[1] Diogenes Laertius, The Lives and Opinions of the Eminent Philosophers, (translated by C.D.Yonge, 1853), p.376

[2] Plato, Apology, (translated by Benjamin Jowett, 1871)

[3] J. N. Duggan, John Toland: Ireland's Forgotten Philosopher, Scholar...and Heretic, 2010, p.5

[4] Quoted in J. G. Simms, "John Toland (1670-1722): A Donegal Heretic," Irish Historical Studies, Vol. 16, Issue 63, March 1969, 318 (available at http://www.jstor.org/stable/30005344) – quoted from a manuscript (apparently not in Toland's hand) in the British Museum BM Add. MS 4295 fol.76.

Leave your comments

Post comment as a guest

terms and condition.

People in this conversation

Load Previous Comments
  • Guest - Basil

    "Reasoning out your own view of God or creation requires courage and your efforts may not always be well received." Amen to that brother! I often find myself reasoning out my own views while I'm driving, at work, or smoking a cigarette on my back porch.

    Thanks for taking the time to record such thoughtful insights. While I may not agree with all of your perspectives, it's clear that we are both reasoning out our views, and one day we'll all know the truth.

    -Baz, Better Built Solutions - the #1 place to buy sheds for sale in NC

    from Charlotte, NC, USA
  • Guest - Jhon

    I have been visiting websites from morning but your website is the masterpiece from all of the sites. Keep doing best in future i will check your site for getting more valuable stuff next time.
    call texas plumber

  • Guest - William

    What an amazing topic you have chosen for your website. Keep sharing useful content in future i will share your post with my friend he will also provide valuable feedback to you.
    residential locksmith

  • Guest - Kelly

    The post is about What should we start with while planing our workout. This workout plan is very useful for those who want to start the workout. You always provide us quality information and very useful stuff.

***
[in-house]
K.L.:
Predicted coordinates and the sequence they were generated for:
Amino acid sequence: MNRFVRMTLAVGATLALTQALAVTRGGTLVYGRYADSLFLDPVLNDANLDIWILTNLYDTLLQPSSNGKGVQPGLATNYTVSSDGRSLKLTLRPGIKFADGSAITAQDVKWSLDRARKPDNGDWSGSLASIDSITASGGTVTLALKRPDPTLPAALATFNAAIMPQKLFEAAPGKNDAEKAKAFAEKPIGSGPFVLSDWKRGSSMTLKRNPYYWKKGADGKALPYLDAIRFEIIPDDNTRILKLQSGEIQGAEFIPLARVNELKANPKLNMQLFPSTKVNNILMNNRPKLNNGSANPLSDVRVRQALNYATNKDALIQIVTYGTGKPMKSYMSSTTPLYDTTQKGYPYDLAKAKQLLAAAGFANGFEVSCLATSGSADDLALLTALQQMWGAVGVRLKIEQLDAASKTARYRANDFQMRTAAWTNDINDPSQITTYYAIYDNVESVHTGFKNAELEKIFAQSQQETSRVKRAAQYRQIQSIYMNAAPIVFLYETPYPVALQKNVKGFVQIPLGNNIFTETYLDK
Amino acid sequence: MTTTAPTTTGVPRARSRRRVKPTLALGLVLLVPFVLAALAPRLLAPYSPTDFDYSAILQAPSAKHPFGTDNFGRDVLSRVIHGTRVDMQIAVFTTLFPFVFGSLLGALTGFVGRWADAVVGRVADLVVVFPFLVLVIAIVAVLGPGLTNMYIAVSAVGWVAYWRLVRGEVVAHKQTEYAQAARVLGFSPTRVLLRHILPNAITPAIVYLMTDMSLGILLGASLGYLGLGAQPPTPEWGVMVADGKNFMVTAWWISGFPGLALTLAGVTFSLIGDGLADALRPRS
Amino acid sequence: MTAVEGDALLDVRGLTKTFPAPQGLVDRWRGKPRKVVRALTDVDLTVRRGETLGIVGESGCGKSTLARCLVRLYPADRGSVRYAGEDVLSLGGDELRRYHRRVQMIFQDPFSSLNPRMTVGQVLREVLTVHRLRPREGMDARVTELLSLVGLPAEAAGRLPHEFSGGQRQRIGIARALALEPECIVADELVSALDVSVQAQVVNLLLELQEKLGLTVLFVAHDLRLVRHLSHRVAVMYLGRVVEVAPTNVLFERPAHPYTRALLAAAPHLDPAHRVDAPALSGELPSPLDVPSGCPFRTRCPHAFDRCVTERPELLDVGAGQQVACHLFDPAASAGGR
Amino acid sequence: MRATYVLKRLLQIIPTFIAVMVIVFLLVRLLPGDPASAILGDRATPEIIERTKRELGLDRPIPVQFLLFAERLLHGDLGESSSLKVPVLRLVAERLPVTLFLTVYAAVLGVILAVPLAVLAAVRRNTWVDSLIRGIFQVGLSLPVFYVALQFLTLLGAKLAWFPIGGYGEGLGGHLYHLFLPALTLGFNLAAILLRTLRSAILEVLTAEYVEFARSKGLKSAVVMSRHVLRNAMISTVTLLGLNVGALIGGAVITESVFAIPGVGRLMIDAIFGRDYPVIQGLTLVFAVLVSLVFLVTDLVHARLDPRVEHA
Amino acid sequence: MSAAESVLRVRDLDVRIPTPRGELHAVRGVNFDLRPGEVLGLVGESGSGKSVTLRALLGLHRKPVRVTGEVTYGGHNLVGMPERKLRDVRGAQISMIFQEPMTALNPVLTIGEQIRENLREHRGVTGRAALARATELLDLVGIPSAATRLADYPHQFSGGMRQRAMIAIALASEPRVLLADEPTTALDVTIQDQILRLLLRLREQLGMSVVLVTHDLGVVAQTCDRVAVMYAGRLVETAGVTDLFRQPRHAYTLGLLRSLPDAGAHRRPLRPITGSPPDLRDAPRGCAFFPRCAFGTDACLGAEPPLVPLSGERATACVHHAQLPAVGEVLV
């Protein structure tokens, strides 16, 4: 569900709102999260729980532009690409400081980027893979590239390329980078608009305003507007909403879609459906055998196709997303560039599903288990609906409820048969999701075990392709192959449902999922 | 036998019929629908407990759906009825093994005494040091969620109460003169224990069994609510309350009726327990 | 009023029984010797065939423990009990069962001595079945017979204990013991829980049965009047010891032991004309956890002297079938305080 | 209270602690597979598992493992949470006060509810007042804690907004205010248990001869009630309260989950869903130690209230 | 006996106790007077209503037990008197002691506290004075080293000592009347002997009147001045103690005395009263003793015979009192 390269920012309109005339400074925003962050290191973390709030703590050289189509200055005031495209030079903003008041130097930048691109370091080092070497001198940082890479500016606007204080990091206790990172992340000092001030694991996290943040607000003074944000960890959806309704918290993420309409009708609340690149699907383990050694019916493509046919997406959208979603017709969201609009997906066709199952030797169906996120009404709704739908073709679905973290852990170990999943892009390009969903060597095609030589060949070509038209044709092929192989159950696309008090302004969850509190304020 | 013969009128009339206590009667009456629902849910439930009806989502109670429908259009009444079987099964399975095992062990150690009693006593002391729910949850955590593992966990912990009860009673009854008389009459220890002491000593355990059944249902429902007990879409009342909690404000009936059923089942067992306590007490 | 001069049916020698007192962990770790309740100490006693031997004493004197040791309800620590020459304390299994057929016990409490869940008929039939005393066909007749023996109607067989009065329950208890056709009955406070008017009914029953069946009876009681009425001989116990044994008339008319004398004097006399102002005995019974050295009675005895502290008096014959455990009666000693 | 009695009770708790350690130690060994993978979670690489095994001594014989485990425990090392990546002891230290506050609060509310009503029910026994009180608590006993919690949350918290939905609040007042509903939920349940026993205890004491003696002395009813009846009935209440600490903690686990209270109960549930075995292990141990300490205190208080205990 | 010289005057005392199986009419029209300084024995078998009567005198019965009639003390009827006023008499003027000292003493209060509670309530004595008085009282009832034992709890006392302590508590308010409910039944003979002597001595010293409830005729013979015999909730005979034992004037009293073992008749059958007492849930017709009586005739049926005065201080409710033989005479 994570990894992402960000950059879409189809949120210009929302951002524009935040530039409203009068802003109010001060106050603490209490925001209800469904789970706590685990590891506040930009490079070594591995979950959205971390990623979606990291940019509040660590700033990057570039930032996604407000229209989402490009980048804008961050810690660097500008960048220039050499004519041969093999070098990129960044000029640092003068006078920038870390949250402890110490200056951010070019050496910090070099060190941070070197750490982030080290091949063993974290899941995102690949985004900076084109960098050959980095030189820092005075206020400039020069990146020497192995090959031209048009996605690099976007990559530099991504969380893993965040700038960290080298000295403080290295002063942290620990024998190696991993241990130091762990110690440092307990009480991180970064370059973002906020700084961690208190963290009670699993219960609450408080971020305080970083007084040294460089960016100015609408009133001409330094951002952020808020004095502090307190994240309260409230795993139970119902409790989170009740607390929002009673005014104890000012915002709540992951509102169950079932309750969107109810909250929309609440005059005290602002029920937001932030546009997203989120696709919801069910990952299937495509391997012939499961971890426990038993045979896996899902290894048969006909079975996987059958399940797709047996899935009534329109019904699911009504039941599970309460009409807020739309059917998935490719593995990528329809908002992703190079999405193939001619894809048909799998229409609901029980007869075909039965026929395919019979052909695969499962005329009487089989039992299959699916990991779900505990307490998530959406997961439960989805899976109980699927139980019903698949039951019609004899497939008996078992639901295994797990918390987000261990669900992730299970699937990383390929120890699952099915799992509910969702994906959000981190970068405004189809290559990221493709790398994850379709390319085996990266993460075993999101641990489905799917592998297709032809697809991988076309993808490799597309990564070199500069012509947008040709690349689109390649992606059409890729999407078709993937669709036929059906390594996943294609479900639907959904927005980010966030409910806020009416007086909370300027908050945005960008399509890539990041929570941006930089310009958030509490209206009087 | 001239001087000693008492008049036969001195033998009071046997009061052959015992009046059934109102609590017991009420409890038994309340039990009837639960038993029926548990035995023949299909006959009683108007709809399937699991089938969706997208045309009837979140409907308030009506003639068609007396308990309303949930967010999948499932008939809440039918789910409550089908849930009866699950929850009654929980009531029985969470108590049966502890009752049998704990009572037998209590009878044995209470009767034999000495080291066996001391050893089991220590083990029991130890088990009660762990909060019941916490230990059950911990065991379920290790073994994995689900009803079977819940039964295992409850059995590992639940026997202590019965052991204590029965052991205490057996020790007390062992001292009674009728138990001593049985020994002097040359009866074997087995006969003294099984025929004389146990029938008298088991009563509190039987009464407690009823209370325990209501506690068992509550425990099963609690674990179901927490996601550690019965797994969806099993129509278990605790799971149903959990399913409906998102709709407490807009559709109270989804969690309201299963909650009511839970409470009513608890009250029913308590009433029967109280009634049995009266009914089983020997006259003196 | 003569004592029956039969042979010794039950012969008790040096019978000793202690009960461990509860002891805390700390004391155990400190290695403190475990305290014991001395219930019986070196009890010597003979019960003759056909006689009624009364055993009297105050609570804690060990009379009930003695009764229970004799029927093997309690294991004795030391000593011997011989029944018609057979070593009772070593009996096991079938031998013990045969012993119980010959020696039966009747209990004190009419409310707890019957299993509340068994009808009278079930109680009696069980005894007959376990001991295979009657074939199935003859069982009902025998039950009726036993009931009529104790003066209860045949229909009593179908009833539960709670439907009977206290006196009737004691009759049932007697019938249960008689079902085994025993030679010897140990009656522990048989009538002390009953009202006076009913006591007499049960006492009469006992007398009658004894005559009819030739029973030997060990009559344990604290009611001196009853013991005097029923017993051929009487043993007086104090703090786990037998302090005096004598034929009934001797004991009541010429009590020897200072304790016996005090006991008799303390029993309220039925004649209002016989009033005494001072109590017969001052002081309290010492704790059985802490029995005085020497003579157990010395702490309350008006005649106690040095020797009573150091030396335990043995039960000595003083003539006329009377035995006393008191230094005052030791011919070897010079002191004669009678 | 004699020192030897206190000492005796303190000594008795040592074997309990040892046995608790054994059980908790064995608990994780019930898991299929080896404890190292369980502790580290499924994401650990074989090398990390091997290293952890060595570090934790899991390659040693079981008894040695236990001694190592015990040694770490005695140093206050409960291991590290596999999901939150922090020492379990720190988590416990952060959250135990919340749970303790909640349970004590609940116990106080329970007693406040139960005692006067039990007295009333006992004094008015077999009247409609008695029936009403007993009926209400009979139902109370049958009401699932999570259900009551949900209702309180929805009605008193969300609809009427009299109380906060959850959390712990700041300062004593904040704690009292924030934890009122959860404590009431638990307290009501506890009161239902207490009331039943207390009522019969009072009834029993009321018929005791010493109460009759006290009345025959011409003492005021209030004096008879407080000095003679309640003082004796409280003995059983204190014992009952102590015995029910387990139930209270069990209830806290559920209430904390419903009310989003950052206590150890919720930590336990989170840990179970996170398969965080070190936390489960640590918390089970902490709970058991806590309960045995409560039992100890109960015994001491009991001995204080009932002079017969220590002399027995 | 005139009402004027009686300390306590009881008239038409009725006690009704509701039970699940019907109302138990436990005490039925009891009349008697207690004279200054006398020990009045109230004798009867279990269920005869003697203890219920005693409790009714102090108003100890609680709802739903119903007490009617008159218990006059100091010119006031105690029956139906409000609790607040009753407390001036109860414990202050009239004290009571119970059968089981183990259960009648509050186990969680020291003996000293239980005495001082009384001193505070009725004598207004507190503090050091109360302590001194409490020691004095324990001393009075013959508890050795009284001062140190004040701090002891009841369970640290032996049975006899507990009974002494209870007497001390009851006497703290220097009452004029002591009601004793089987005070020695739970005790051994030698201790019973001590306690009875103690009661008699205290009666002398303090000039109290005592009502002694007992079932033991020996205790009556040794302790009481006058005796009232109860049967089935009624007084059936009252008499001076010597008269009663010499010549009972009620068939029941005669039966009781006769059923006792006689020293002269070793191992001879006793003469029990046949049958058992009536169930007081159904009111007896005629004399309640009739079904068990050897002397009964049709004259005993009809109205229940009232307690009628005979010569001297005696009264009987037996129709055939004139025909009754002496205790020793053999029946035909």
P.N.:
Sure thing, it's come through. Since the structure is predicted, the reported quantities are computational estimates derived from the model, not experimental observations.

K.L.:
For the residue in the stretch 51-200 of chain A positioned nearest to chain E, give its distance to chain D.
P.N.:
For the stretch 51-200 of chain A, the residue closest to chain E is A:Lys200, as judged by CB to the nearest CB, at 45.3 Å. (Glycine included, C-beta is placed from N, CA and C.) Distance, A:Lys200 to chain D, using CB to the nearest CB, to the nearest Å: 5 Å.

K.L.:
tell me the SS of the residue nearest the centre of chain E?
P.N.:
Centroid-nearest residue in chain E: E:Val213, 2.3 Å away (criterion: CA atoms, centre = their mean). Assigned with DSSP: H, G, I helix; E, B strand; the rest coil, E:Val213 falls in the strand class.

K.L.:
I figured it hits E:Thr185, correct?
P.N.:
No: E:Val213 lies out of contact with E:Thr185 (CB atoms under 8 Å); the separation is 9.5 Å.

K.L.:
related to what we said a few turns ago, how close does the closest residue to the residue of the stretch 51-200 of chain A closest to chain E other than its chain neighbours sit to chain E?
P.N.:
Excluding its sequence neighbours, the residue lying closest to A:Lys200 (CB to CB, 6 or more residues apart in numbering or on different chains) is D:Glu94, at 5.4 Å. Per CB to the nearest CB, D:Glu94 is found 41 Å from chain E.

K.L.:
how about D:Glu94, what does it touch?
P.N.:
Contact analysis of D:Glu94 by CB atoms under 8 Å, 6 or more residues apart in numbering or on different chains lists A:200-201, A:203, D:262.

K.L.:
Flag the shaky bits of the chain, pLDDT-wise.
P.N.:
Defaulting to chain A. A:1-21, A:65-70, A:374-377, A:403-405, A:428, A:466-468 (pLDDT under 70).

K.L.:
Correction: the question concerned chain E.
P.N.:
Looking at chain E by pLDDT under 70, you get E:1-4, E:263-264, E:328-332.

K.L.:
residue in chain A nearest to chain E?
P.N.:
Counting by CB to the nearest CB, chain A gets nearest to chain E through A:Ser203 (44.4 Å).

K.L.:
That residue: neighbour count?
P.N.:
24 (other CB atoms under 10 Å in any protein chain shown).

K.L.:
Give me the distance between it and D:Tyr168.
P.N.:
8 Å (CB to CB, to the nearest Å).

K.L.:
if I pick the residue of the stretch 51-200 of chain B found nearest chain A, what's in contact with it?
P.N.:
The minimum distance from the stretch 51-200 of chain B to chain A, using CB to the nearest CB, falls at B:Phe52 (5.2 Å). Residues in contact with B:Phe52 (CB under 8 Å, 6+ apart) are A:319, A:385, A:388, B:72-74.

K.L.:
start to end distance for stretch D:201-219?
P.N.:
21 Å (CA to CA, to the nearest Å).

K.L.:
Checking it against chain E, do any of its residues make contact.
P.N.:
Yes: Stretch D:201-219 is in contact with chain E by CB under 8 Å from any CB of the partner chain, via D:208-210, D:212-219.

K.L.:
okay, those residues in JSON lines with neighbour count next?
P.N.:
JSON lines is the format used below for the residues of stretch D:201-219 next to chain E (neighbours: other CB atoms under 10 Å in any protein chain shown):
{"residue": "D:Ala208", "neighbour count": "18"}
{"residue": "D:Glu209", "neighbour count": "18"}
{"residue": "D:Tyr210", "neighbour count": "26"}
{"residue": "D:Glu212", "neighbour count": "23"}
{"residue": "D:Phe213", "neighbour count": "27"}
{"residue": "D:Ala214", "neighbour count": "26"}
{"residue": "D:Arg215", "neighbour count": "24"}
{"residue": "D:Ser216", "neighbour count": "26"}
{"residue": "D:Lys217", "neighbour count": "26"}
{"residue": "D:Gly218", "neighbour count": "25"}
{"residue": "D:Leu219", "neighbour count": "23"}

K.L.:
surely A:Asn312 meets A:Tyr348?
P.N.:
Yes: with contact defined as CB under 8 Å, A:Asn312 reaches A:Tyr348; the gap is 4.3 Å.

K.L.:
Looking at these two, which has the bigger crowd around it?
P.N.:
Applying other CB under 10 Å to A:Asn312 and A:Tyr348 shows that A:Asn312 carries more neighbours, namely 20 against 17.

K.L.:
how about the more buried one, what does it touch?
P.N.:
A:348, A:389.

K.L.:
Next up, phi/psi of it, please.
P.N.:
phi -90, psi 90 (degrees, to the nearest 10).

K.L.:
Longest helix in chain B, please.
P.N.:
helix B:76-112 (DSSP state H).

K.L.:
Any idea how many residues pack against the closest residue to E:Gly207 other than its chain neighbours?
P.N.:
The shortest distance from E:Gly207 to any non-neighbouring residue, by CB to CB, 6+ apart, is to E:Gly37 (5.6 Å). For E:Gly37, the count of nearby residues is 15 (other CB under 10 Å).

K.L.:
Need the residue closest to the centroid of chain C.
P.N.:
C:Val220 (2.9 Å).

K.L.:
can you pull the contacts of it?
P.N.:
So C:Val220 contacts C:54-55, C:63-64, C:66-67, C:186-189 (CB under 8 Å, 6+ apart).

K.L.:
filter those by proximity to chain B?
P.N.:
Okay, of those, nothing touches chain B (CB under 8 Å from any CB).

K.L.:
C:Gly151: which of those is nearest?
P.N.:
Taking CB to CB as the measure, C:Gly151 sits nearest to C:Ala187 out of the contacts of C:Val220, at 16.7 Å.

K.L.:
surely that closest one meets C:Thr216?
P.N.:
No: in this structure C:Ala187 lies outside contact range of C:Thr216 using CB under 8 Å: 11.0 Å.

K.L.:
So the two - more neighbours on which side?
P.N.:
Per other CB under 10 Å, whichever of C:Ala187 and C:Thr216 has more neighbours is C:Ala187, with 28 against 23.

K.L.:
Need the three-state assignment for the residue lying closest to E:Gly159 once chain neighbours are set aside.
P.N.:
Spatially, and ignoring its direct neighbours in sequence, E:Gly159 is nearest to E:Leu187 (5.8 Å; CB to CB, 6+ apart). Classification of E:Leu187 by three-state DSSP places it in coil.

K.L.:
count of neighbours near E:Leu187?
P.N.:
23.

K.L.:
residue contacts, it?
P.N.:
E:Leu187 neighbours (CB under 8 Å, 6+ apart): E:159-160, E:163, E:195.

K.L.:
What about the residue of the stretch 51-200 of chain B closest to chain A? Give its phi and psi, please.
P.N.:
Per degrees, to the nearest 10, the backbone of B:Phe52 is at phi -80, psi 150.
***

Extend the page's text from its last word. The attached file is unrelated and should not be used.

rubber flooring tiles

  • Guest - rolex replica

    Why can not you? He replica watches uk slightly frowned some doubts, seriously asked, the music swiss replica watches had to admit that Amy really good to see, but she still can not forget his day on the rolex replica flight of the insult, Qi Hang seniors for her Has a different meaning, as he was so good and beautiful people how can be hurt?

  • Guest - William

    I want to express my admiration of your writing skill and ability to make readers read from the beginning to the end. I would like to read newer posts and to share my thoughts with you.
    plumbers near me

  • Guest - Jack

    Wonderful post its really helped me and others as well im looking for more info thanks anyway
    lock smith near me

  • Guest - Divid

    I like your post and all you share with us is update and quite informative, i would like to bookmark the page so i can come here again to read you, as you have done a wonderful job. I am very happy to read the whole article.
    sticker printing

  • Guest - jack

    Wonderful post its really helped me and others as well i m looking for more info thanks anyway.

  • Guest - Taylor Shaw

    Nobody knows anything about god’s origin there are a thousand versions of his birth. What they all have in common are some guidelines that should be followed by followers if they don’t want to end up in hell. I really loved your philosophy on god. When I think about it in your perspective it really seems to make sense. www.manufacturedhouse.com


  • No comments found